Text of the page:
Business is so slow at one taxpayer-funded electric vehicle battery maker that employees there are spending their time playing video games, board games and card games just to pass the time.
“There’s a whole bunch of people, a whole bunch, filling their time with card games and board games,” one current employee of LG Chem told Target 8 News.
“It’s really sad that all these people are sitting there and doing nothing, and it’s basically on taxpayer money,” said former LG Chem employee Nicole Merryman.
In 2010, President Barack Obama called the company “a symbol of where America is going,” but now workers at the $300 million lithium-ion battery plant in Holland, Michigan have so little work to do, that they have been spending hours each day playing “cards and board games, reading magazines or watching movies,” Target 8 reports.
According to employees, some workers do odd jobs around the building, like cleaning and maintenance. Others just hang out and play “video games, Texas hold-’em and Monopoly or doing Sudoku or crossword puzzles — all on company time.” Some employees also watch movies.
Some employees have quit or are looking for new jobs, while some others have begun to help local non-profits on company time.
“You can only do nothing for so long. There were days, sitting around all day doing nothing. … I didn’t play a whole lot of cards,” said one worker. “I bailed out of a sinking ship.”
The Korean-based LG Chem got a $151 million grant from the Department of Energy as part of the stimulus in order to employ 300 workers who would produce 15 million battery cells a year, mainly for the Chevrolet Volt.
However, sales of the Volt have been far below expectations and after nearly two years General Motors is still losing up to $49,000 on each Volt produced, according to Reuters.
Furthermore, GM has suspended production of the Volt at least twice this year due to low sales.
In March, GM announced it was suspending production of the Volt electric car for five weeks due to disappointing sales. 1,300 workers were idled at the Detroit-Hamtramck assembly plant.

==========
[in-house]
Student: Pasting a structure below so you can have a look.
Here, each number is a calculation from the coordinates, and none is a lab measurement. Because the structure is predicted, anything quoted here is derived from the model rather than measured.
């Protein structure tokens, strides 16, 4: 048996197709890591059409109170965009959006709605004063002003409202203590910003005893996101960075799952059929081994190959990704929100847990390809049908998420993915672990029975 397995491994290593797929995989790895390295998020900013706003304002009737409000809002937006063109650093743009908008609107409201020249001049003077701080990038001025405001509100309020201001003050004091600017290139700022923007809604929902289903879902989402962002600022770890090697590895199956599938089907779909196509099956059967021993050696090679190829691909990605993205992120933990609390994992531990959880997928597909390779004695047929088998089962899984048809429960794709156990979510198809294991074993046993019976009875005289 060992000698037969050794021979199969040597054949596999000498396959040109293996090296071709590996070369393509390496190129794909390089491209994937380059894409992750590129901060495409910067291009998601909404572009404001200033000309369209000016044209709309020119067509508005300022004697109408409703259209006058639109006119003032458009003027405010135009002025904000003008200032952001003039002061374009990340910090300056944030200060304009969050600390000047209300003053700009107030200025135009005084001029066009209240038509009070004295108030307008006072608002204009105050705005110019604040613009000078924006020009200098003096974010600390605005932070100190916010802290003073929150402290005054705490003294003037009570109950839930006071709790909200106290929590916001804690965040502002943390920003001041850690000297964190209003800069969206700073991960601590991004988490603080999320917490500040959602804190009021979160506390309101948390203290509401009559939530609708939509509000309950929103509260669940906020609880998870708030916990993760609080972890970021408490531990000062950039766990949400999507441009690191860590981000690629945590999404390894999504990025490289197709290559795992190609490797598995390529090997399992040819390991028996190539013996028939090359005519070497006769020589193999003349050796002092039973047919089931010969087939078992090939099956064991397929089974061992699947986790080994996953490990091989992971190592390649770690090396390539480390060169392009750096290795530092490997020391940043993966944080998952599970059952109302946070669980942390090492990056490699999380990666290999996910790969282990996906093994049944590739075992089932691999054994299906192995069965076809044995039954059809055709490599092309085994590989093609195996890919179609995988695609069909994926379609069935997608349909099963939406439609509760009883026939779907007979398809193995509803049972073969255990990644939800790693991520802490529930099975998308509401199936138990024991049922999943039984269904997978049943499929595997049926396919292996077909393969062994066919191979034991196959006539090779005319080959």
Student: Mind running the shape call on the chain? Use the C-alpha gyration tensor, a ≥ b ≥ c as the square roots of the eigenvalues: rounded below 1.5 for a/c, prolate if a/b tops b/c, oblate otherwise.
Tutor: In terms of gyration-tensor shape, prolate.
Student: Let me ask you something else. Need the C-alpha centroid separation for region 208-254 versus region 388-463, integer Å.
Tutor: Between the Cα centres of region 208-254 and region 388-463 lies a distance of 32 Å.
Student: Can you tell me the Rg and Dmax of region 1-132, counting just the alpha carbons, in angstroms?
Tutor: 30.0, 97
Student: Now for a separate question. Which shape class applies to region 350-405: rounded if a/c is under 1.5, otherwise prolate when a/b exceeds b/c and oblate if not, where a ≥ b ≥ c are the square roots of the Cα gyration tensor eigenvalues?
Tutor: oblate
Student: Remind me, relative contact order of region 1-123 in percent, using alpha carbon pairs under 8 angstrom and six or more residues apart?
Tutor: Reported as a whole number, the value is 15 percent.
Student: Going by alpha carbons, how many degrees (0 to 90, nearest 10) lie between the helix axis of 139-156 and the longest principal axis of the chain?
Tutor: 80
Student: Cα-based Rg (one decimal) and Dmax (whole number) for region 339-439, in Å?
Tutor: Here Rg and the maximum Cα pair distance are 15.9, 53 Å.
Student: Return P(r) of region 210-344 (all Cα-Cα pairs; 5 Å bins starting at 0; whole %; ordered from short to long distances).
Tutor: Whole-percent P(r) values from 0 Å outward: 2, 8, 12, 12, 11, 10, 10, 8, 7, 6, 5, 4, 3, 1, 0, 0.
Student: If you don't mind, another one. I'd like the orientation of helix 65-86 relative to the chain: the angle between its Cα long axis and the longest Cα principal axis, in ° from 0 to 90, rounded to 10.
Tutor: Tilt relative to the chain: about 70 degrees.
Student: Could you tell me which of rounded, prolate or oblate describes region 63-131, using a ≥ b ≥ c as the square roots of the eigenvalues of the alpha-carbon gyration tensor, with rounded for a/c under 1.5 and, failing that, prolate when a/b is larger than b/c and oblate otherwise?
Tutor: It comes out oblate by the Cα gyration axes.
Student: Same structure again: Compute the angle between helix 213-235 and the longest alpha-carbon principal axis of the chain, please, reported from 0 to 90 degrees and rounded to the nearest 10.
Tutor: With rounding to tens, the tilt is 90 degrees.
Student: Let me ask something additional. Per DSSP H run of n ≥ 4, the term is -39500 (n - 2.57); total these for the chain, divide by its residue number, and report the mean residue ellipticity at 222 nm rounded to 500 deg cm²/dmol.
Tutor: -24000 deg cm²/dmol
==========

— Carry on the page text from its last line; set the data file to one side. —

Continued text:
In late August, GM announced it was temporarily suspending Volt production following weaker than expected annual sales. That month GM sold more than 2,800 Volts, making it their biggest sales month ever. This year GM has also tripled Volt sales from last year to more than 13,000.
However, this is far below GM’s goal of 35,000 to 40,000 Volts sold in 2012.
The Detroit plant where the Volts are made will be retooled to make the 2014 Chevy Impala.
The economic and environmental benefits touted by electric car proponents have also been called into question recently
A study by the Norwegian University of Science and Technology found that electric cars are worse for the environment than conventional vehicles as factories that make them can emit more toxic waste than conventional car factories, especially if coal is used to produce the electricity used to charge “green” vehicles.
The CBO also found that even with generous subsidies, conventional cars still have a competitive advantage over electric ones.
In fact, the current maximum $7,500 electric car subsidy would need to be increased by 60 percent to make a plug-in hybrid car, like the Chevy Volt, competitive with an average fuel economy — 25 miles per gallon — conventional gas-powered car. That means a $12,000 subsidy for new plug-in hybrids.
Furthermore, the CBO analysis found that electric car tax credits will cost $7.5 billion through 2019 and will have little to no effect on reducing gasoline consumption and lowering greenhouse gas emissions, at least in the short run — the ultimate goal of the tax credit.
LG Chem has spent $133 million so far, mostly on construction and equipment, according to Target 8, with around 40 percent going to foreign companies — mostly in Korea.
Employees said they made 100,000 test battery cells or more, starting late last year, producing about 4,000 a week. That worked mostly stopped last December, employees say.
The Target 8 investigation has led the Recovery Accountability and Transparency Board, stimulus oversight agency, to take look into the issue.
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